Name as it appears on the ballot: Glenn Gerding
Date of Birth: March 8, 1971
Campaign Web Site:
Occupation & Employer: Attorney – Law Office of Glenn Gerding
Years lived in Orange County: Ten (2002-08) (1989-93)

1. What do you believe are the most important issues facing the district 15B District Court? What are your top three priorities in addressing these issues?

A. One of the most important issues facing District 15B is the growth of our senior citizen population. As Boomers retire in record numbers, and as Orange and Chatham Counties continue to be ideal locations for retirement, growth in the senior citizen population in our District will likely outpace most other districts in the State. Unfortunately, senior citizens are more often becoming crime victims who end up having to appear in court. Senior citizens who are abused often need to seek civil restraining orders. And senior citizens whose mental health has significantly declined sometimes need the court to appoint a guardian of their person and property.

If elected, one of my priorities will be to work to create an Elder Protection Court designed for senior citizens. Older victims face problems younger victims usually do not: difficulty hearing in court, getting to court, and moving in and out of cramped courtrooms. Older victims may have memories that fade with time and/or medication. Older victims accustomed to living more private lives frequently feel embarrassed when their private lives are exposed in open court. And given the hectic pace of a typical day in District Court, elderly victims can get lost in the shuffle of cases. I propose an Elder Protection Court to address the unique needs of elderly victims.

Our District already has specialty courts to address the needs of the mentally ill and substance abusers. Our District also has courts designed to meet the unique needs of domestic violence victims and families. We have led the state and nation in our cutting-edge approaches to helping defendants and victims in criminal cases, but we do not have a formal way to address the unique needs of elderly victims. I will work to create a specialty court to fill that void.

The specialty court I propose would handle a mix of civil and criminal cases, much like our domestic violence court. If a senior citizen is being abused and taken advantage of, then he or she will need a civil restraining order and will also participate in the criminal prosecution of the abuser. One court date for both events can eliminate the need for multiple trips to court. The courtroom can be set up to be more accommodating, with hearing devices to assist the hard-of-hearing. The process can be made more personal with the assignment of an Elder Protection Court case-worker to guide the senior citizen through the process and to be a point-of-contact to answer questions and facilitate the victim’s needs. I can also help mobilize community non-profit agencies such as A Helping Hand and the Charles House to assist seniors outside of court with issues that arise from their cases in court.

Currently, Orange County has a Master Aging Plan adopted by the County Commissioners. The Master Aging Plan is a proactive and farsighted plan to provide government and community services for the growing number of senior citizens in Orange County over the next five-year period. It includes a “Bill of Rights for Older Persons.” Orange County’s Master Aging Plan does not, however, include any goals or plans for courthouse facilities or the judicial process involving seniors. Chatham County does not have any similar Master Aging Plan for seniors. If elected, I will reach out to the County Commissioners and Departments of Aging in each County, and work with them to include the judicial system in their Aging Plans.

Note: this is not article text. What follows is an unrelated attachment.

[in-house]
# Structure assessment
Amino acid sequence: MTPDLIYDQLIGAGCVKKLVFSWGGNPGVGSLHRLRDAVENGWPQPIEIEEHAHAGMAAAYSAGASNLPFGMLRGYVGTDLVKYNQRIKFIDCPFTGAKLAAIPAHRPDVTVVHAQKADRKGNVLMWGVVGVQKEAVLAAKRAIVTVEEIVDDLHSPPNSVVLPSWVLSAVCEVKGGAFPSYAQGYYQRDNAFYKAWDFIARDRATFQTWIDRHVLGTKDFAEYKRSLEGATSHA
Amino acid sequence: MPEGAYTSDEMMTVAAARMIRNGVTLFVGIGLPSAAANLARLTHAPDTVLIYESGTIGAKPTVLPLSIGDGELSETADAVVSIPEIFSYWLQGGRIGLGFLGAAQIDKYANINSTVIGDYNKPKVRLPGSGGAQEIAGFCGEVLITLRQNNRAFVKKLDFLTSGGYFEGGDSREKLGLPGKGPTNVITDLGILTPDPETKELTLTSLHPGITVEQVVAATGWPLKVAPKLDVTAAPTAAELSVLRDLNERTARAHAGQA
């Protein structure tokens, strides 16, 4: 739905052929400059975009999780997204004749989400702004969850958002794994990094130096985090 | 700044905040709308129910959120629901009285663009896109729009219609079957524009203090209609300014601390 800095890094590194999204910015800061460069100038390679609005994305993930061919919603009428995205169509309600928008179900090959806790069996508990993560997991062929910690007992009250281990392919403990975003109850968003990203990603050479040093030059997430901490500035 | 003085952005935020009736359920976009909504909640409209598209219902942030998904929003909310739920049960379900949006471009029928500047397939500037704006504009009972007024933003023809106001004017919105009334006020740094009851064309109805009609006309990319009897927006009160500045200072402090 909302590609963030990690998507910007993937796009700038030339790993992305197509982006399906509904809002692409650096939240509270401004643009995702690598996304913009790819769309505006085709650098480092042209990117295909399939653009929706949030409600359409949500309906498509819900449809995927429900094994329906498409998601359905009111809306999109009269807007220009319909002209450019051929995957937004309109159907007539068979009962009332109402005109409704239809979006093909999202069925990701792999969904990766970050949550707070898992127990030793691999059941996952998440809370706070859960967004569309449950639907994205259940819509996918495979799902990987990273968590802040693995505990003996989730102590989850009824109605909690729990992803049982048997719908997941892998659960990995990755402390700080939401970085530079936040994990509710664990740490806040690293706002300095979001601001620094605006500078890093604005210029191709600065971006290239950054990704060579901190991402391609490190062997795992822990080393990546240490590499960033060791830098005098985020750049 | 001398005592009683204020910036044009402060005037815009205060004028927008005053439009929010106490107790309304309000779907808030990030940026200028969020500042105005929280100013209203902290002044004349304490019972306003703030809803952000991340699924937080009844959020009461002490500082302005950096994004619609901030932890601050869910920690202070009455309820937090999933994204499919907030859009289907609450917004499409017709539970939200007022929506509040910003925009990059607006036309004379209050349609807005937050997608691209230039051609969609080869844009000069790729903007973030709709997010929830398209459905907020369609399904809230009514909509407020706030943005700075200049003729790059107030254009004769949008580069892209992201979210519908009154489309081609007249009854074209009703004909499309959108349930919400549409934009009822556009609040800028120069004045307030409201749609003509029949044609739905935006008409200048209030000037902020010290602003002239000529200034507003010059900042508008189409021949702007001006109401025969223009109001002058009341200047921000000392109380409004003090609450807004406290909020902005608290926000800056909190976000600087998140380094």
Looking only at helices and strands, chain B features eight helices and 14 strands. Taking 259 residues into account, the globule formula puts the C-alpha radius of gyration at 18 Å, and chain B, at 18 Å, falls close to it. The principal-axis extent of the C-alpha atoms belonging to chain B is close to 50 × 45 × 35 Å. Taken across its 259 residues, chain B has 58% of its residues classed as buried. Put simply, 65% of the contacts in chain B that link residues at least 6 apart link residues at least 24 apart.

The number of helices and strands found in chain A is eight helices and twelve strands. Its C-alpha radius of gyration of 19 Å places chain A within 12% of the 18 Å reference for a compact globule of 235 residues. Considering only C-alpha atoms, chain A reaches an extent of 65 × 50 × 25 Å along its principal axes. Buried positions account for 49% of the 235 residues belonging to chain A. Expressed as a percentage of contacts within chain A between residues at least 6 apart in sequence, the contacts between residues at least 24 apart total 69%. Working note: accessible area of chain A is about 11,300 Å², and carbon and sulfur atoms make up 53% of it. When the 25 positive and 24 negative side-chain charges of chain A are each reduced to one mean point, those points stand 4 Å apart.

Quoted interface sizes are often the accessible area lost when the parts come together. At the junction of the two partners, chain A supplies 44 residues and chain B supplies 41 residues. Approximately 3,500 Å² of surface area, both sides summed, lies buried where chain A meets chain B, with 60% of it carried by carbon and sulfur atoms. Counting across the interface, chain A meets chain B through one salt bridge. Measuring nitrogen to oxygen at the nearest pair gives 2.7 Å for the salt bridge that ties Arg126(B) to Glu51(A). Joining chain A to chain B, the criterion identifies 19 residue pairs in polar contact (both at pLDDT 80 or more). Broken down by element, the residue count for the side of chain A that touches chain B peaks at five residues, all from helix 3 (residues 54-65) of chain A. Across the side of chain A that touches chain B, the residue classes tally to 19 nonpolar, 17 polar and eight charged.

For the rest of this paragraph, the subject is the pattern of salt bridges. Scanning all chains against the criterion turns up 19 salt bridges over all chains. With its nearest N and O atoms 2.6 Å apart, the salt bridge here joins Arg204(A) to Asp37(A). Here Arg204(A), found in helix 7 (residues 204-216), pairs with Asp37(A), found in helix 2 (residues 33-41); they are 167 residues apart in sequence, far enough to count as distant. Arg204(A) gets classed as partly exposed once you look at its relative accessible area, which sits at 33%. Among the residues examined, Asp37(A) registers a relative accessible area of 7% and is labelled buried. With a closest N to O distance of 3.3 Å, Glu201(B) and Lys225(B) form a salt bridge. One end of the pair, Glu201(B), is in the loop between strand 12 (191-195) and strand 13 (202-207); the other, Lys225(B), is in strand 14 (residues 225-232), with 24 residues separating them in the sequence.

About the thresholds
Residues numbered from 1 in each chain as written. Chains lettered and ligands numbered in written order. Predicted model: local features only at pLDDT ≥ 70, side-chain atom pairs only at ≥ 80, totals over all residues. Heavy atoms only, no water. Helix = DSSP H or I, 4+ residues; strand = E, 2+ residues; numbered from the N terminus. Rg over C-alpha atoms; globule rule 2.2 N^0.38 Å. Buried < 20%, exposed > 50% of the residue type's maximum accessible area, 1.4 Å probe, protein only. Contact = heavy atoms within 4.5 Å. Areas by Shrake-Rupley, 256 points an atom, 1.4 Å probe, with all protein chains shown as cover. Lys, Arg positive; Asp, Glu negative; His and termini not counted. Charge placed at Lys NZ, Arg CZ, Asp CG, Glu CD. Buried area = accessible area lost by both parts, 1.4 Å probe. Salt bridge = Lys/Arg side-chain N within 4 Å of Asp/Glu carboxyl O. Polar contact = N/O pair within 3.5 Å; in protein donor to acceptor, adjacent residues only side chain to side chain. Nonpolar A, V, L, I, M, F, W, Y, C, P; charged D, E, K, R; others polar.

I have the leadership abilities and experience to achieve my goal of protecting our elderly and helping them negotiate the judicial process through an Elder Protection Court.

B. The failure of our state’s mental health system is another of the most significant issues we face in District 15B.

There is no doubt that our mental health system has fallen apart. In our District we’ve lost service providers, including Caring Family Network, who provided a baseline of mental health care for many people. I’ve had clients this month who have started to live without counseling and appropriate medication due to the closing of providers’ offices.

Without adequate mental health care, we’ll undoubtedly see an increase in criminal cases, as those who were receiving care don’t get the medication and treatment they need to live stable lives. Mental illness touches the lives of everyone–juveniles to senior citizens, rich and poor, people of all races, and men and women. We need to be prepared and proactive and to plan for the inevitable increase in mentally ill defendants.

Fortunately, our District Court has a nationally recognized specialty court called Community Resource Court for criminal defendants who commit minor offenses and suffer from mental illness. I’ve had many clients participate in this program. The goal of the Court is to monitor a defendant’s behavior over the course of about a year, focus community resources on him or her to provide support, and assign mental health professionals to stabilize medications and treatment. The hope is that with enough oversight and positive support, a defendant can regain footing in the community, be self-sufficient, comply with mental health treatment, and not re-offend. The community and the individual benefit because we don’t imprison a mentally ill defendant, waist money and resources on his incarceration, and let him back on the streets. Instead, we help the person become self-sufficient and, compliant with treatment, thereby reducing recidivism. Our Community Resource Court has been a resounding success and is a progressive model for social justice. But with the loss of mental health care resources and an increase in defendants, Community Resource Court is sure to become overburdened.